Project Planning, Part 1 – Use a Formal Framework to Plan Your Projects
The planning process produces the detailed project management plan. In some cases, especially where the customer is internal, initiation and planning may overlap. If the proposal contained a great deal of detail, the project planning effort may entail minor additions or corrections to the proposal. For a project that is similar to others you have performed, planning might require 10 percent of the labor resources that are later consumed by execution, control, and closeout. For a brand new type of project, expect to commit additional resources to planning.
Major Components of Project Planning
- Clarify responsibilities and authorities of the project manager, any task managers, and the quality assurance team.
- Communications plan.
- Resources must be available.
- Schedules and budgets for tasks, subtasks.
- Contingencies, safety, regulations, etc.
- Project reviews and comparisons against scope, new conditions.
- Involve technical experts:
- To improve the plan, cost estimate, proposed schedule;
- To obtain “buy in” from your team.
The Project Management Plan (How Deliverables Will Be Accomplished)
I recommend a “graded approach” to these documents. Their length and level of complexity will vary with the project’s size; duration; location; complexity; and consequences if failure occurs. The project management plan should contain enough detail that if the project manager leaves the company or has extended illness, the remaining members of the project team could perform with no adverse impact to the project.
Your company might maintain a library of project management plans that can be used to begin plans for new projects, and you might group them by category: simple, normal, complex.
The project management plan should contain paragraphs, augmented by figures, tables, and spreadsheets (possibly output from planning software) to address the following outline of issues.
1. Re-state scope and statement of work.
2. Organizational structure (with org chart), authorities.
3. Formally establish lines of communication
Stated above, but important enough for a reminder:
The customer and the supplier(s) should each have a designated project manager, through whom all information flows, unless expressly delegated otherwise. Only in this manner can the customer and supplier project managers ensure out of scope work is not performed without a formal change order being issued. These 2 project managers do not often have signature authority for contracts or change orders, but they must be the focal points for flow of information.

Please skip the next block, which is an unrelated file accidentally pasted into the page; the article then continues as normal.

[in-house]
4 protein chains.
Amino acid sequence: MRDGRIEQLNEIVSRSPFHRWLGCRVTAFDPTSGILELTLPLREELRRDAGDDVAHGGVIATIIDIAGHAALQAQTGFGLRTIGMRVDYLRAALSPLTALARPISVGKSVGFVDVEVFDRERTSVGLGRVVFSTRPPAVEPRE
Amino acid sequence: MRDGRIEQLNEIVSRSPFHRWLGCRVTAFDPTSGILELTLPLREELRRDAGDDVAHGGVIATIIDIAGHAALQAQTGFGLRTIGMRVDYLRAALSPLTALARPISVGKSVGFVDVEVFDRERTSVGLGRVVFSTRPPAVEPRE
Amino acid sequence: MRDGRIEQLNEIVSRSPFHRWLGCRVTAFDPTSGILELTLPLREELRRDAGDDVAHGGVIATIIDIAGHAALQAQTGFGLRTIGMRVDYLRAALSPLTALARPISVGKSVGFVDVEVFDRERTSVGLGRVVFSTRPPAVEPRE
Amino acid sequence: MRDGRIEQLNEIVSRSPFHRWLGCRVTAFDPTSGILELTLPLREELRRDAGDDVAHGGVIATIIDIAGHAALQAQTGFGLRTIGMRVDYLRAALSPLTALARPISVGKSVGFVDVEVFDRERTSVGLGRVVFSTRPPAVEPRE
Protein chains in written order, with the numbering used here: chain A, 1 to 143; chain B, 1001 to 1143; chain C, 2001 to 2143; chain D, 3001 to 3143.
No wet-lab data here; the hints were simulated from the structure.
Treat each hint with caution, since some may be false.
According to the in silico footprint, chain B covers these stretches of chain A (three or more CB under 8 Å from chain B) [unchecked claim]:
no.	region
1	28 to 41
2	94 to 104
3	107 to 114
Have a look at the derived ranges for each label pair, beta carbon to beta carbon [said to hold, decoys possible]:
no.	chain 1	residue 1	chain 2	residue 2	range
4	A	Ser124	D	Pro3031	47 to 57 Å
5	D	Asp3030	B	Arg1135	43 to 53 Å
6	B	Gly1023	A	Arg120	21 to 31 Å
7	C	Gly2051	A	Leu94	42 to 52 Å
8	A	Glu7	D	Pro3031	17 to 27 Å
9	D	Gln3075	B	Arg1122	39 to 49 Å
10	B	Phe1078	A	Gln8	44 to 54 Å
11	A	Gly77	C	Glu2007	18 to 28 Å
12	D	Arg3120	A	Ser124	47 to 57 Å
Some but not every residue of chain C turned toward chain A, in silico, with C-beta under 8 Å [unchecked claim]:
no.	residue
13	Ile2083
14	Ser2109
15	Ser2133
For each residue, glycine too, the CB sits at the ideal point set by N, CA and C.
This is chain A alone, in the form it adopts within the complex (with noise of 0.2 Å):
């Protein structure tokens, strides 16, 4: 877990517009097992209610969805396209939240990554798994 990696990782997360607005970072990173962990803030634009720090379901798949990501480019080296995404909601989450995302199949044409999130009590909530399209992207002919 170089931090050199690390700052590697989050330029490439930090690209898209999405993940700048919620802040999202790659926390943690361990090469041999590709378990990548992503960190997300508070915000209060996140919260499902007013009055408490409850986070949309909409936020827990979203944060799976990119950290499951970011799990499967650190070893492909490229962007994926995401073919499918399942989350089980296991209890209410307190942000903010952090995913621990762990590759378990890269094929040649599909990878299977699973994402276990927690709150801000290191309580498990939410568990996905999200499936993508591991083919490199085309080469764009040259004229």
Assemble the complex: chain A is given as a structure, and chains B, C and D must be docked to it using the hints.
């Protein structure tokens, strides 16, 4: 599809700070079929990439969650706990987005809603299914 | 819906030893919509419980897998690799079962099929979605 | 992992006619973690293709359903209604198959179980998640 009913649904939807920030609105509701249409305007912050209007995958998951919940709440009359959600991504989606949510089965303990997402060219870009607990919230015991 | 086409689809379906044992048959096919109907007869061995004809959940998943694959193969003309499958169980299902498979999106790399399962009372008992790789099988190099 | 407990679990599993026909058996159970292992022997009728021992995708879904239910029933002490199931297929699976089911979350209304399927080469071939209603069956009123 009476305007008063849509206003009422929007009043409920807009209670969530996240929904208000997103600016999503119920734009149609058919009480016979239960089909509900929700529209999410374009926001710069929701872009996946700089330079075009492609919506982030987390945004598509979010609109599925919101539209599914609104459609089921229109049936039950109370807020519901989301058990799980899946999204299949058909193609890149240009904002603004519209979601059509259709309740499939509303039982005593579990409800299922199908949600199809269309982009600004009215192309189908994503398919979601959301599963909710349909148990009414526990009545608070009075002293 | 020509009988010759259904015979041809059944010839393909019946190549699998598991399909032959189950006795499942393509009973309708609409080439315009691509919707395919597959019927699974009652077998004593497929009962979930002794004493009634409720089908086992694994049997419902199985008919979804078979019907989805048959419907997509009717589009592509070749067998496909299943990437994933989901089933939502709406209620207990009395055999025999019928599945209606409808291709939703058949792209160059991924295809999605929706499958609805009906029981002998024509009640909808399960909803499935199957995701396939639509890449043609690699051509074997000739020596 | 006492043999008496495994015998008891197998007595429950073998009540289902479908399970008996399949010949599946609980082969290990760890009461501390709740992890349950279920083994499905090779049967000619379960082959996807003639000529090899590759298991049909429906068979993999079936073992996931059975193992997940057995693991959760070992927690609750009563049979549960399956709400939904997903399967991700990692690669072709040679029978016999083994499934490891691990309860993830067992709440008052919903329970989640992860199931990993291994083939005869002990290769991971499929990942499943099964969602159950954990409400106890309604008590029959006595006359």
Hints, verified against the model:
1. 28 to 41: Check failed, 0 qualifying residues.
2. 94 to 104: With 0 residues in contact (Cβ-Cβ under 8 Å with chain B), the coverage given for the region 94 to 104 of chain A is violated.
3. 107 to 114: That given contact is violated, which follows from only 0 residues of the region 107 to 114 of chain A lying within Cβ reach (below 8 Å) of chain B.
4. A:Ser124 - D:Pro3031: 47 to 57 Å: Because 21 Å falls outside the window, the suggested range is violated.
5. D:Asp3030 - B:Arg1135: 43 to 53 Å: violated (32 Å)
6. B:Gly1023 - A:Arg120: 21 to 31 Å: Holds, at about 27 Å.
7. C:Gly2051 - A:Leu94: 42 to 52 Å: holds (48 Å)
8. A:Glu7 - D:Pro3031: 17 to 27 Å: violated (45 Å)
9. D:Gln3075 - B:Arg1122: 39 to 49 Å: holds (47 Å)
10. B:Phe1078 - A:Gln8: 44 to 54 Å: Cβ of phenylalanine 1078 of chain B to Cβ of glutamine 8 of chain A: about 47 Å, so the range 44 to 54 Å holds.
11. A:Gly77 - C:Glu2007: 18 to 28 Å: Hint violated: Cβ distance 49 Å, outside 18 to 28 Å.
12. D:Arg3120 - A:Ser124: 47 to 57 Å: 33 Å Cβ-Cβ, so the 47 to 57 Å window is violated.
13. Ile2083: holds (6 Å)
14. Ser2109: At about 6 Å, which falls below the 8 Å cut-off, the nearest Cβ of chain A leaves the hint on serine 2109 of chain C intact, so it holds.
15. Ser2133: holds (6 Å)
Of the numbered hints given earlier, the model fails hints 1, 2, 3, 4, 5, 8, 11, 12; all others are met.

4. Work breakdown structure (tasks and subtasks)
The “elements” of a work breakdown structure (WBS) are tasks and subtasks. In most cases, the WBS should follow the same structure as the proposal used. More on this topic in a future article.
5. Availability of technical experts, other required resources
Subcontractors and your department managers promised you resources during the proposal phase. Now it is time to remind them when you’ll be needing specific individuals and equipment. E-mail is a good method; ask for them to reply and save their responses.
6. Schedule for tasks and subtasks
Gantt charts (example in a future article) produce nice pictures for a variety of people to review, and they are produced for you if you use project software. Spreadsheets can easily produce schedules with linked relationships (in a table format), but then you must “draw” the Gantt chart (spreadsheets do this fairly well) if anyone really wants to see it. If you don’t care about showing the schedule in a Gantt format, or if you could draw the Gantt quickly, you might not want to bother with project software. Your company accounting system should be able to help you manage your budget during the execution and control phases.
7. Budget by task and subtask; procurement considerations
In most cases, the task and subtask budgets should follow the same structure and use the same values as the proposal used. If procurement activities will occur during the project, this section reminds everyone what process will be used, by whom, and when. If there are any unknowns related to what contract, subcontract, or vendor services will be required, lay out a decision tree showing what is authorized, and what would constitute a change order.
8. Project controls (peer reviews, project reviews, quality assurance, status reports)
These items will be discussed in detail in future project controls articles. Now is the time to specify, in the project management plan, what your project controls will be for this specific project.
9. Areas of risk and methods for dealing with risk
Already discussed under “project initiation considerations – from the perspective of the provider.” You also addressed this topic during the proposal phase, so this section of the project management plan should be easy to write. If new risks are now being discovered, discuss with the customer and other stakeholders immediately.
Next Article in This Series: Develop your communications plan.
About the Author
An engineer by training, Randy Klein has 30 years of consulting experience, 20 of which have included project management duties. His project management curriculum has been used by a variety of university continuing education departments and private resellers. He invites your questions and comments related to project management, quality assurance, and organizational improvement. Contact Randy at (801) 451-7872 or firstname.lastname@example.org.